Aayush Sharma (left) and Inaara Ismail (right).

Two new FHS alumni highlight the rewards of getting involved

October 27, 2022

By: Geron Malbas

On October 6th, we excitedly welcomed the FHS class of 2022 to the alumni family. Two of these new alumni, Aayush Sharma and Inaara Ismail, tell us about their journeys through their undergraduate experiences.

Aayush Sharma

Bachelor of Science alumnus Aayush Sharma strived to positively impact his community by combining his curious personality with his academic passions. Considering himself to be an analytical person, he joined the Faculty of Health Sciences (FHS) to use his deductive skills to solve problems relating to health.

His goal to solve health-related problems did not come with ease, as he found himself challenged by the move to a university course load and increased difficulty from high school.

“I found that the level of dedication and difficulty of coursework was much higher than I was used to. The courses were challenging, starting from my first-year courses at the Surrey campus, and I spent long hours studying and preparing for exams,” he explains. “It was difficult because I had not yet figured out my studying strategies. As I took more courses, I figured out strategies that worked for me. In addition, I found the material more interesting as I became more acquainted with health sciences.”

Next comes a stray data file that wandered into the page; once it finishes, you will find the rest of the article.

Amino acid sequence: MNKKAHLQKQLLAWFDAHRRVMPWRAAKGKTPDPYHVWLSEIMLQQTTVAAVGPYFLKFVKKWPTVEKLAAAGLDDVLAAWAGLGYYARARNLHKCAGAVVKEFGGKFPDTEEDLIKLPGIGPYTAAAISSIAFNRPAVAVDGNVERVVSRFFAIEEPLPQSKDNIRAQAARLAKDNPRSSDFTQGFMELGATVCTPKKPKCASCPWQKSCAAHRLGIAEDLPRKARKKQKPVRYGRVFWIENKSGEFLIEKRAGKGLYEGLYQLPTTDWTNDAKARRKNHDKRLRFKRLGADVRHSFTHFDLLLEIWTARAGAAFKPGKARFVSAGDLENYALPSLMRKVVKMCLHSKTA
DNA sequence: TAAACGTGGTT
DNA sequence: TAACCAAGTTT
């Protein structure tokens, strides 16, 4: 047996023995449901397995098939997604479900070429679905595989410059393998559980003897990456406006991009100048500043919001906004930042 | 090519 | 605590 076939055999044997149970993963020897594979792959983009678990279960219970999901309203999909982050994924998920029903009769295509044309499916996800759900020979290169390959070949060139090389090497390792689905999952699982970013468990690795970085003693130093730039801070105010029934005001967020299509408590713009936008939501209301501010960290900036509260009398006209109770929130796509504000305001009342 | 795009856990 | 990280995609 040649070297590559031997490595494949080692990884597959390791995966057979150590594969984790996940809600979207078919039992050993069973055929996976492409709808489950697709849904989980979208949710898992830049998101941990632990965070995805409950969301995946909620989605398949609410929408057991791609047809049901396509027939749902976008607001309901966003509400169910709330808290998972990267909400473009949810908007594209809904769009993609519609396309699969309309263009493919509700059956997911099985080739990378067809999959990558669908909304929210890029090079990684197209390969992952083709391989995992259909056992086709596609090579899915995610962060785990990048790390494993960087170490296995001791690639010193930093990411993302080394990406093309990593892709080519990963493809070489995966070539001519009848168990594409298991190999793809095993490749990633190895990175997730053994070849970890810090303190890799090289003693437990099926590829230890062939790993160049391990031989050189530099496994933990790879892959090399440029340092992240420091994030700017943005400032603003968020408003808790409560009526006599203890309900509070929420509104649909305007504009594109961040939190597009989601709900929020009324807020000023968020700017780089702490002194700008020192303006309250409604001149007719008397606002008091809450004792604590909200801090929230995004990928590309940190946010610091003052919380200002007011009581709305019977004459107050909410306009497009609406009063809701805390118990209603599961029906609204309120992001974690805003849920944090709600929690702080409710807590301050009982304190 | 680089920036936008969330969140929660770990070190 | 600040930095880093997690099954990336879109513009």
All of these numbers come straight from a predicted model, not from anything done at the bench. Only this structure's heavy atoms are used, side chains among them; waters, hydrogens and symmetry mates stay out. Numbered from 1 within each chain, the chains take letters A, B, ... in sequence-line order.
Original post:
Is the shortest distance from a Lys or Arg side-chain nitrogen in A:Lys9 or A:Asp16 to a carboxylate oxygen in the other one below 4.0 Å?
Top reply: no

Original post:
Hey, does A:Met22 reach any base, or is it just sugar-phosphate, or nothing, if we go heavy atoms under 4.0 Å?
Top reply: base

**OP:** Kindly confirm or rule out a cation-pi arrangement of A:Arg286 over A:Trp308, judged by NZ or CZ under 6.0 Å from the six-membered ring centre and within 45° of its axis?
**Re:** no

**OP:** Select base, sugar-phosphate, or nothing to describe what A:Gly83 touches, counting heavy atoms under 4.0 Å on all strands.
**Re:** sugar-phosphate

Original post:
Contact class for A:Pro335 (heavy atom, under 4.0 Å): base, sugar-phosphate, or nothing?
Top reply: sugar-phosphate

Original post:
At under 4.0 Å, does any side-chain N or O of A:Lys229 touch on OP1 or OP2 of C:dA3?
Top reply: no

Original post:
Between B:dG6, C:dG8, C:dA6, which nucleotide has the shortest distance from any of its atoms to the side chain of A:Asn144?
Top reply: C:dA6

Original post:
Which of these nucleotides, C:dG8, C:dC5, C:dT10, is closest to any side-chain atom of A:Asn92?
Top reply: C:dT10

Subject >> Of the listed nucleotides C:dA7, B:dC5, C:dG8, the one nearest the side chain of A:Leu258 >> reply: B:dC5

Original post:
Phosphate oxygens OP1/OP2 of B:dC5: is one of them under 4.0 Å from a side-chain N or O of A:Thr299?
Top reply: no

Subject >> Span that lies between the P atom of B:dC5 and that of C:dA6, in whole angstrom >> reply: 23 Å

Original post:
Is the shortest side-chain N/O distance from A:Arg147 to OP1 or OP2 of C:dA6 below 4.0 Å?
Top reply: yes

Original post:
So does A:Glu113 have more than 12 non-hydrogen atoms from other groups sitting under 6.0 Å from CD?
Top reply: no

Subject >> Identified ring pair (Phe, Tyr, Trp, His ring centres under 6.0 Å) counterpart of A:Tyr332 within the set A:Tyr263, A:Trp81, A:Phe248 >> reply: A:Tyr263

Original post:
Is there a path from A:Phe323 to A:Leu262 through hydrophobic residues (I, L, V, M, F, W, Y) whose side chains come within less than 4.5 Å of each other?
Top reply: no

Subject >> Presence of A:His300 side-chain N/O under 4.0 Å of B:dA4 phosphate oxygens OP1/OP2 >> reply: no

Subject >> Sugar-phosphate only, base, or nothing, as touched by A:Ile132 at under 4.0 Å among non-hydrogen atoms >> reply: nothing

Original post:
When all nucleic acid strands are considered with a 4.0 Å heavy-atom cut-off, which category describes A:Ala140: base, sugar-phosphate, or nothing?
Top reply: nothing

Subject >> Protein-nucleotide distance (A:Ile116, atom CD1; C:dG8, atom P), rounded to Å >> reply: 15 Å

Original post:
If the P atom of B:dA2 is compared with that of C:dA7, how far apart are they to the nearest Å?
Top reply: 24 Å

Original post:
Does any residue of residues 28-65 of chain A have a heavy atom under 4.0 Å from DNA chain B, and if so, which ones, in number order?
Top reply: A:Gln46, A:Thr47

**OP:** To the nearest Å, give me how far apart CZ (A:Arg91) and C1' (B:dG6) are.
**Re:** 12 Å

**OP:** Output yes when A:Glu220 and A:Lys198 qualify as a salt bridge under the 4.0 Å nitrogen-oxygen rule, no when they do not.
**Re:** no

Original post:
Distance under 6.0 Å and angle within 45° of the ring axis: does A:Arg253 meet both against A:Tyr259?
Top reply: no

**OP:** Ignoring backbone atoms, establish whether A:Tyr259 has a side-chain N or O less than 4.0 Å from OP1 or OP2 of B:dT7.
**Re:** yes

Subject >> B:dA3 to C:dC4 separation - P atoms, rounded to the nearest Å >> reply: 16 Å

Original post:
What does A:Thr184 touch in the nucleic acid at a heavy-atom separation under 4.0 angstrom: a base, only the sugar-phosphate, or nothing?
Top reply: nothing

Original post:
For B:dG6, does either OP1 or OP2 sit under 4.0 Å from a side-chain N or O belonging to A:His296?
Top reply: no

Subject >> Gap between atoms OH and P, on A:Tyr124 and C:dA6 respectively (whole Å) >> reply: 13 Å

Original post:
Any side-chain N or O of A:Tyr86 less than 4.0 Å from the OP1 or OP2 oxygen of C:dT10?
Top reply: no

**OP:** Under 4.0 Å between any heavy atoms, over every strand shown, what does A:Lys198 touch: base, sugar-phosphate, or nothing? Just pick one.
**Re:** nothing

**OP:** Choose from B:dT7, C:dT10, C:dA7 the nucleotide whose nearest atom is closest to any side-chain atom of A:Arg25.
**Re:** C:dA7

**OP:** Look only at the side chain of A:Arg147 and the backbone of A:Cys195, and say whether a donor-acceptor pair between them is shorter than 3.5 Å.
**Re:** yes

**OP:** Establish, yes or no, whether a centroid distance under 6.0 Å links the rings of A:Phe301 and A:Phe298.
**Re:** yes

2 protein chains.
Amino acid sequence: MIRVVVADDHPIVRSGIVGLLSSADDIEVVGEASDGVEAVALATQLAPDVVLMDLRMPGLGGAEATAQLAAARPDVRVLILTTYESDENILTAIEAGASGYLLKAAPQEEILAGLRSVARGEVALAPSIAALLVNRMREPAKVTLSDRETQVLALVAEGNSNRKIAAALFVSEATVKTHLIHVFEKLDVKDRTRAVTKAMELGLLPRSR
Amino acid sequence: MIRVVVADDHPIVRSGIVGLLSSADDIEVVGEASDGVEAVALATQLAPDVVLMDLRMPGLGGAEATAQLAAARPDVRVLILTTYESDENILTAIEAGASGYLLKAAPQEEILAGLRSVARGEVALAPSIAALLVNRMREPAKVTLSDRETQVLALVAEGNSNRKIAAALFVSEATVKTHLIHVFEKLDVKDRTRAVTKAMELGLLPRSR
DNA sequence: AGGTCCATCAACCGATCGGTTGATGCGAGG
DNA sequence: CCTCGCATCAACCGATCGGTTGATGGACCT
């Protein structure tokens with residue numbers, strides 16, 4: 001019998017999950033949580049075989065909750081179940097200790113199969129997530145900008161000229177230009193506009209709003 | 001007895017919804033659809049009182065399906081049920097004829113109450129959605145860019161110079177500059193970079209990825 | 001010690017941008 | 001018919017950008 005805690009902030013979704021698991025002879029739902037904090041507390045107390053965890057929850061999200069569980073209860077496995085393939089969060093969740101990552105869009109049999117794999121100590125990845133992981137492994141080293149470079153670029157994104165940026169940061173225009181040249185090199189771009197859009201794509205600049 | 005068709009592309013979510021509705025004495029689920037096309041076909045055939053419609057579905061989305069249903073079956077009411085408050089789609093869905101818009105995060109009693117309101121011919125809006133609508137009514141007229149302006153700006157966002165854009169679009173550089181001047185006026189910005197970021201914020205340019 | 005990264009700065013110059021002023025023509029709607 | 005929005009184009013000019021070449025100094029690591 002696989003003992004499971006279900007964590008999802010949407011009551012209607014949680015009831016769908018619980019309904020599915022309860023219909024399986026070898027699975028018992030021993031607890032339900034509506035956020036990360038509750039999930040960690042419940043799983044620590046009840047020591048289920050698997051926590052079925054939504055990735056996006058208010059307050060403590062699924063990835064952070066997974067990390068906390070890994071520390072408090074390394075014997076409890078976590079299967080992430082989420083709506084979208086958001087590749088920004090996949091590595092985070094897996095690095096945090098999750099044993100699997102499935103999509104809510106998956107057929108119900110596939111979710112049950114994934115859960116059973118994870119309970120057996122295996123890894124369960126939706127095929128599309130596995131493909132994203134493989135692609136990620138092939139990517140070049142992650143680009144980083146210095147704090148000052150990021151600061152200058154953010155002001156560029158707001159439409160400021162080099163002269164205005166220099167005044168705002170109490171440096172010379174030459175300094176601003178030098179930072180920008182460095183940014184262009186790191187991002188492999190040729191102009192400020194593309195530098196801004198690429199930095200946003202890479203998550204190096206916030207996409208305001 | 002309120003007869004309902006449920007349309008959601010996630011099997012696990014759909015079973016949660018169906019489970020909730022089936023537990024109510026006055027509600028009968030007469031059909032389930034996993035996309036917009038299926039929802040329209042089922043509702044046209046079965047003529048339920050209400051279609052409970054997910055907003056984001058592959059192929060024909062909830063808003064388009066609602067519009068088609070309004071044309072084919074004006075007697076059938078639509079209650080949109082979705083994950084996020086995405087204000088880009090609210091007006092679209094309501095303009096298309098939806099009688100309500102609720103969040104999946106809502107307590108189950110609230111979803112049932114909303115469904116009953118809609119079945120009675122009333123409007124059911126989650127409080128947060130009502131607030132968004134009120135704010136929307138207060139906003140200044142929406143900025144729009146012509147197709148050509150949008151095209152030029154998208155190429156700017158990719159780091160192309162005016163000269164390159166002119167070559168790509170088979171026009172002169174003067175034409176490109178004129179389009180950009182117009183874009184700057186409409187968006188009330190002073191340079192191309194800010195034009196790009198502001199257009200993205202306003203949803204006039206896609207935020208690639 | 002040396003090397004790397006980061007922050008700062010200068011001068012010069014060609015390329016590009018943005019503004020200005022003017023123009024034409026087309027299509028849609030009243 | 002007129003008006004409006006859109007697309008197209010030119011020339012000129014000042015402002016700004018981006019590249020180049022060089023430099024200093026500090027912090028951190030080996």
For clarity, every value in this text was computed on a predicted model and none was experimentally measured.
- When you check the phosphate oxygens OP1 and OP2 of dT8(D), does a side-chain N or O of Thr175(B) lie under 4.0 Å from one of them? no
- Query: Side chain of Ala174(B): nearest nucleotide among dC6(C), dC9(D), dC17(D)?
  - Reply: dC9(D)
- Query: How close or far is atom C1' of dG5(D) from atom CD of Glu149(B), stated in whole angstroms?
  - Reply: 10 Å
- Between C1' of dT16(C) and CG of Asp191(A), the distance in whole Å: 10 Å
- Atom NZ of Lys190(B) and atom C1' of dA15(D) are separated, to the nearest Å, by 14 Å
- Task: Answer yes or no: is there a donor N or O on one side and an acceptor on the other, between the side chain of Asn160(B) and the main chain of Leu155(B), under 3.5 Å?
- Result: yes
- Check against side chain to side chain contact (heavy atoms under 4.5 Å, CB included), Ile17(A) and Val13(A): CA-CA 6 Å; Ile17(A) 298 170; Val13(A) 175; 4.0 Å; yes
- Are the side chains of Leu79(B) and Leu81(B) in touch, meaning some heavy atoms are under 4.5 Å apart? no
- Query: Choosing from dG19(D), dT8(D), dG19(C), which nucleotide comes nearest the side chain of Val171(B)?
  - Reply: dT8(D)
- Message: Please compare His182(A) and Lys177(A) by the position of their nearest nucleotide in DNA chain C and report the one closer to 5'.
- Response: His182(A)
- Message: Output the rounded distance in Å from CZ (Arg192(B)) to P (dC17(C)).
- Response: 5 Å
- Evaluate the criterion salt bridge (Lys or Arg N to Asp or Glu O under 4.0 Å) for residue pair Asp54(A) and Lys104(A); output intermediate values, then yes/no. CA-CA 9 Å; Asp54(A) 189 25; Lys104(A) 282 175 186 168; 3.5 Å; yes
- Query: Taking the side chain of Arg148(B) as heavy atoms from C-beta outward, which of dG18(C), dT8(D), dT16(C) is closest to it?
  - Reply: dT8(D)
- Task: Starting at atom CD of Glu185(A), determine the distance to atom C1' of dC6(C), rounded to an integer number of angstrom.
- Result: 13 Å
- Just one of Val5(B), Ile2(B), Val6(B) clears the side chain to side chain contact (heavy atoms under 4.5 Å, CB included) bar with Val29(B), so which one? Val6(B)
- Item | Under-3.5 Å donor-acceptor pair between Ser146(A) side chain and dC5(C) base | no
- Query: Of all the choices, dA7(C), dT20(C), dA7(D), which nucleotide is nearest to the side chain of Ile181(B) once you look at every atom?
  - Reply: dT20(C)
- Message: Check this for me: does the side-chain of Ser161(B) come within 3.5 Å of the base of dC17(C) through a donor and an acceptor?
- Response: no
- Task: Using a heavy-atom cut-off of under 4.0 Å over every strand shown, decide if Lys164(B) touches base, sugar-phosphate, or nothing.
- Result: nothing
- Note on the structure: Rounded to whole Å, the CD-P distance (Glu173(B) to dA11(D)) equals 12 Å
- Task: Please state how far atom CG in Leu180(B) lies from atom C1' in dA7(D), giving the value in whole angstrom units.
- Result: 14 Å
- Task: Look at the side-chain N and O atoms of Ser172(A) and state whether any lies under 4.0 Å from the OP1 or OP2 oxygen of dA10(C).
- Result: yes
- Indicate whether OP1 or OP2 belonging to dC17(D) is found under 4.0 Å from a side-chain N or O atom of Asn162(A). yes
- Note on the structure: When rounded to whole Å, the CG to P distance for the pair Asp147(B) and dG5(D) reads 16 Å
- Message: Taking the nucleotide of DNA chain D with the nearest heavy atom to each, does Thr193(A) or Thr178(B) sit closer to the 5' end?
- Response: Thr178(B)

Sharma makes a point to highlight the health science courses that invigorated his excitement in health sciences: HSCI 130 with Dr. Rochelle Tucker. He ultimately did a Directed Studies course with her which proved to be invaluable practice for his Master of Science work exploring intriguing research topics.

“We got an assignment where a hypothetical pathogen was released in the class, and our job was to calculate measures and figure out what was causing people to be more susceptible. This experience in HSCI 130 was unique, and increased my interest in Health Science courses,” he explains. “After doing a senior seminar with Dr. Tucker in my fourth year, I discussed doing a Directed Studies course with her. I wrote a literature review about the effect of gender and the built environment on childhood obesity. This gave me experience working one-on-one with a supervisor and putting in work to improve my understanding.”